My father was the American citizen, with a security clearance for the contract work he did for the United States Navy, but my mother, a green card holder, was the one who apparently made this lady comfortable. One day my ball went over the fence and I had to knock on her door. I decided to ask her why she only said hello to my mother. Referring to my father, she replied, "I am never sure how good his English is. He seems ... rather cosmopolitan."
This episode, and her use -- for whatever reason -- of that curious word, stayed with me, and came back to me Wednesday when President Trump's senior adviser, Stephen Miller, accused CNN's Senior White House Correspondent Jim Acosta of showing "cosmopolitan bias" in challenging an administration-backed immigration plan. The proposed legislation would sharply limit legal immigration and privilege "skilled" workers for, among other things, speaking English. "It sounds like you're trying to engineer the racial and ethnic flow of people into this country," Acosta said
In fact, that's exactly what a long tradition of racist regimes have tried to do, while branding those who oppose them as "cosmopolitan." The word has served as a convenient way to tag people suspected of having extra-national allegiances or elitist cultural tastes, or of being insufficiently "assimilated" because of how they look, speak or live.
For both fascist and communist regimes in the 20th century, Jews were the biggest "cosmopolitan" offenders. They were easy to accuse of being somehow foreign. The Jewish community of Rome had been around for thousands of years, and yet was included in Mussolini's 1938 racial laws that targeted Italian Jews, who were widely implicated in the state press as the agents of a "cosmopolitanism" led by a people "without countries, ideals, or traditions."
Adolf Hitler's Nuremberg Laws were justified through similar language, while attacking "cosmopolitanism"
became a common way to fight Jewish and Western influences during the Cold War-era regime of Joseph Stalin.
Regrettably, Miller's use of the word carries echoes of this terrible history, and meshes with the authoritarian-loving tone of the Trump administration. It also speaks to a Trump constituency that, as Thomas Edsall wrote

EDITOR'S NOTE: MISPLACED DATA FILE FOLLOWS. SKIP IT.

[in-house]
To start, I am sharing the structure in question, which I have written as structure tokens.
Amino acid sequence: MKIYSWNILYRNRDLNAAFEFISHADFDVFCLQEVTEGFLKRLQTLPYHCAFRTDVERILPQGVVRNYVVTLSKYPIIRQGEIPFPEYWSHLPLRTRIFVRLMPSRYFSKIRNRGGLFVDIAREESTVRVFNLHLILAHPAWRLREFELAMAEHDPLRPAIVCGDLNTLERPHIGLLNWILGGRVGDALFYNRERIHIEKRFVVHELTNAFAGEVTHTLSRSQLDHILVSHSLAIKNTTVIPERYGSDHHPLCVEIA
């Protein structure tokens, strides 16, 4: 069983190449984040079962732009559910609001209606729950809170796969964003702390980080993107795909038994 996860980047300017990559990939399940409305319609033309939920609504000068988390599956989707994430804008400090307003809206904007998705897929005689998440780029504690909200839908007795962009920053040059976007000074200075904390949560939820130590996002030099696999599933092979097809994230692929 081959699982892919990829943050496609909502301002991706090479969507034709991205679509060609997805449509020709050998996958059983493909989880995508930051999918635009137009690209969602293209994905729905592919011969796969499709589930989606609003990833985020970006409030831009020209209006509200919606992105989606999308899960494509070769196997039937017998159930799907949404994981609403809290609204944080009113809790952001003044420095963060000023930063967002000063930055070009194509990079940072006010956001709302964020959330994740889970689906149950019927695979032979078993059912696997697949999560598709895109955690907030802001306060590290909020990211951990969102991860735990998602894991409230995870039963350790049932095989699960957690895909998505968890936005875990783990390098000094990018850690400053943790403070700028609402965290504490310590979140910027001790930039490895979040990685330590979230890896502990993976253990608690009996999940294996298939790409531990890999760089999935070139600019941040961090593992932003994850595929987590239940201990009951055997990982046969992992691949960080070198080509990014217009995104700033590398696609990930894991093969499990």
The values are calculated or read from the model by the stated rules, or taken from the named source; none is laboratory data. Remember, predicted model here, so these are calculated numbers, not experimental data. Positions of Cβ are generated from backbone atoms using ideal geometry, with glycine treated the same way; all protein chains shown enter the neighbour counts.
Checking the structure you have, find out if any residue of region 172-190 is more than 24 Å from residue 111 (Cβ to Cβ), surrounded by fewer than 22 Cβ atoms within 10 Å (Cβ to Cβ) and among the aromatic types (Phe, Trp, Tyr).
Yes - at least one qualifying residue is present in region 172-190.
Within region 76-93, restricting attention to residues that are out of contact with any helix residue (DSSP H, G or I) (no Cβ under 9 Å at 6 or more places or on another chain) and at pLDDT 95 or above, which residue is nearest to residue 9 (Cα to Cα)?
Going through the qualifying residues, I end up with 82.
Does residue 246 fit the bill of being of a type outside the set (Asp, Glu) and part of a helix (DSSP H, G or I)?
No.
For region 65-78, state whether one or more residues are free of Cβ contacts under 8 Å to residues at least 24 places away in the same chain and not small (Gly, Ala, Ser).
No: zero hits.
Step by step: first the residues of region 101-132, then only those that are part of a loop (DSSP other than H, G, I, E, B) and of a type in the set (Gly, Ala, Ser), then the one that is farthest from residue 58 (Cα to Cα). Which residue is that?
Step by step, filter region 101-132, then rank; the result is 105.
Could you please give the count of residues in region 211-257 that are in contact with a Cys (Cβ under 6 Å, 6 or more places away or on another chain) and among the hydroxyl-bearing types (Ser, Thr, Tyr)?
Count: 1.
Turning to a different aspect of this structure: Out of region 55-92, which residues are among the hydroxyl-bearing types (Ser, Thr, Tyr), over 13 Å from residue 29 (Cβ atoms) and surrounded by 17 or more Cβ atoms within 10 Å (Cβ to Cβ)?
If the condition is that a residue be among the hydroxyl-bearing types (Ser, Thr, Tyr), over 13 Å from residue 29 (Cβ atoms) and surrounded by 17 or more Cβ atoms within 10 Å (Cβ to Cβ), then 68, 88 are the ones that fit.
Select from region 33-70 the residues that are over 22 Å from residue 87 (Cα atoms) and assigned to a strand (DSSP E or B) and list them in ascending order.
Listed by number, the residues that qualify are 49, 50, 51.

in July, is "against open-mindedness, open borders, and an open society in general."
Yet conservatives are not Miller's most avid target audience. Something of an alt-right whisperer, Miller has long made Islamophobia
one of his main causes. The "cosmopolitans" he speaks of are well known to those who embrace population management less for economic reasons than as a means of saving white Christian society.
Representative Steve King, R-Iowa, is a good example. He fantasizes openly about an America returned to some perceived state of racial and cultural purity. "We can't restore our civilization with somebody else's babies," King tweeted
, explaining on CNN's "New Day" that his ideal is a country "that is just so homogeneous that we look a lot the same."
Throughout history, people who seem to have no clear point of origin and belonging have been singled out for harassment and worse. Today's turn to the right in Europe is linked to the migrant crisis and the fear of "foreign invasions." The spike in hate crimes
toward people of color, and people who "look Arab," is part of this global trend -- and has already caused deaths
in our country.
That Trump's adviser uses such a freighted and consequential term in a discussion of immigration -- particularly lawful immigration -- should alarm all Americans.
Trump's own mother was an immigrant, but from Scotland, like my mother. Her English must have been heavily accented, like my mother's, but her skin was the right color. She came from the proper "stock," to use that old-fashioned expression.
Miller's use of code words on this occasion can't hide the sentiments that come through clearly from him and some of his colleagues in the Trump administration: in the future, if they have their way, only some people will be welcome here.